By fitting a Brownian motion model to phylogenetic comparative data, one can estimate the rate of evolution of a single character. In this chapter, I demonstrated three approaches to estimating that rate: PICs, maximum likelihood, and Bayesian MCMC. In the next chapter, we will discuss other models of evolution that can be fit to continuous characters on trees.

## Footnotes

1: Throughout this chapter, when I say "rate" I will mean the Brownian motion parameter σ2. This is a little different from “traditional” estimates of evolutionary rate, like those estimated by paleontologists. For example, one might have measurements of trait in a series of fossils representing an evolutionary lineage sampled at different time periods. By calculating the amount of change over a given time interval, one can estimate an evolutionary rate. These rates can be expressed as Darwins (defined as the log-difference in trait values divided by time in years) or Haldanes (defined as the difference in trait values scaled by their standard deviations divided by time in generations). Both types of rates have been calculated from both fossil data and contemporary time-series data on evolution from both islands and lab experiments. Such rates best capture evolutionary trends, where the mean value of a trait is changing in a consistent way through time (for more information see review in Harmon 2014). Rates estimated by Brownian motion are a different type of “rate”, and some care must be taken to compare the two (see, e.g., Gingerich 1983).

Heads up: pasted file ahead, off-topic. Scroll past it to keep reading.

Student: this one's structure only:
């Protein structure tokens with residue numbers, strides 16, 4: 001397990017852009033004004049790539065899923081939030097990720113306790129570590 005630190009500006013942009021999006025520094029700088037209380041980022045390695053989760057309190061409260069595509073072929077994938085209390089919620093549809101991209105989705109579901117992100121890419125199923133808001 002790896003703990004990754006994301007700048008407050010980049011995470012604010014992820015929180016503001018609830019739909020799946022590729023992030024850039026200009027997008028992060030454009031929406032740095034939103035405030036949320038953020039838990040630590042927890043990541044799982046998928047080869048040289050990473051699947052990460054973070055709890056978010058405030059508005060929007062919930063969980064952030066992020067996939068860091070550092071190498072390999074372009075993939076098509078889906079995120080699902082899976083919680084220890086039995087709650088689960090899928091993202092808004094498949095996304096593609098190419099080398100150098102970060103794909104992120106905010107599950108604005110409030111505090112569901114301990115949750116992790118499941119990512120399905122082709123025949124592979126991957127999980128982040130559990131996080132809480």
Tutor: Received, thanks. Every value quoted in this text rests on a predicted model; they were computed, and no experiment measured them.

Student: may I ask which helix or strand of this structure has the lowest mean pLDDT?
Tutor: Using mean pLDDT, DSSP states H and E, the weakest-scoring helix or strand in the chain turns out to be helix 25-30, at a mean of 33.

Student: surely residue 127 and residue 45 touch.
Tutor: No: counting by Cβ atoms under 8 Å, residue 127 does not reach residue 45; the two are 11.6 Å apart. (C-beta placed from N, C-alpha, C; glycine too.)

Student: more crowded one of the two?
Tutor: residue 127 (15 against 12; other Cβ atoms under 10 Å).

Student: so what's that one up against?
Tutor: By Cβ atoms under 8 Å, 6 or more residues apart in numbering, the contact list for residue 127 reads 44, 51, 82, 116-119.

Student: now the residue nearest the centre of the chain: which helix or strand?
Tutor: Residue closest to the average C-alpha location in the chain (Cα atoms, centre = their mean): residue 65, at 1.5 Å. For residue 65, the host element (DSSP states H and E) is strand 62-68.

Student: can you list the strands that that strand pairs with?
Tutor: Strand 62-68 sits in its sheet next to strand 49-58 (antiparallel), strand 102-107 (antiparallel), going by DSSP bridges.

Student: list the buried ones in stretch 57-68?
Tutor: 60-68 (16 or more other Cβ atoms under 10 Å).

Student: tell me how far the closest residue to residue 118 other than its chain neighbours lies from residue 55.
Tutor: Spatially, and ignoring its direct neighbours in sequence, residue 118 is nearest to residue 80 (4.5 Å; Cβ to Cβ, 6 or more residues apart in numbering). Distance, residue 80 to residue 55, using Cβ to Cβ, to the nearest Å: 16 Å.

2: Note that there are more complicated optimization algorithms that are useful for more difficult problems in comparative methods. In the case presented here, where the surface is smooth and has a single peak, almost any algorithm will work.

3:PICs are a transformation of the original data in which all information about the root state has been removed; our idea of what that root state might be has no effect on calculations using PICs. One can calculate the likelihood for the PIC REML method by assuming all of the standardized PICs are drawn from a normal distribution (eq. 4.5) with mean 0 and variance $\hat{\sigma}_{REML}^2$ (eq. 4.8). Alternatively, one can estimate the variance of the PICs directly, keeping in mind that one must use a mean of zero (eq. 4.4). These two methods give exactly the same results.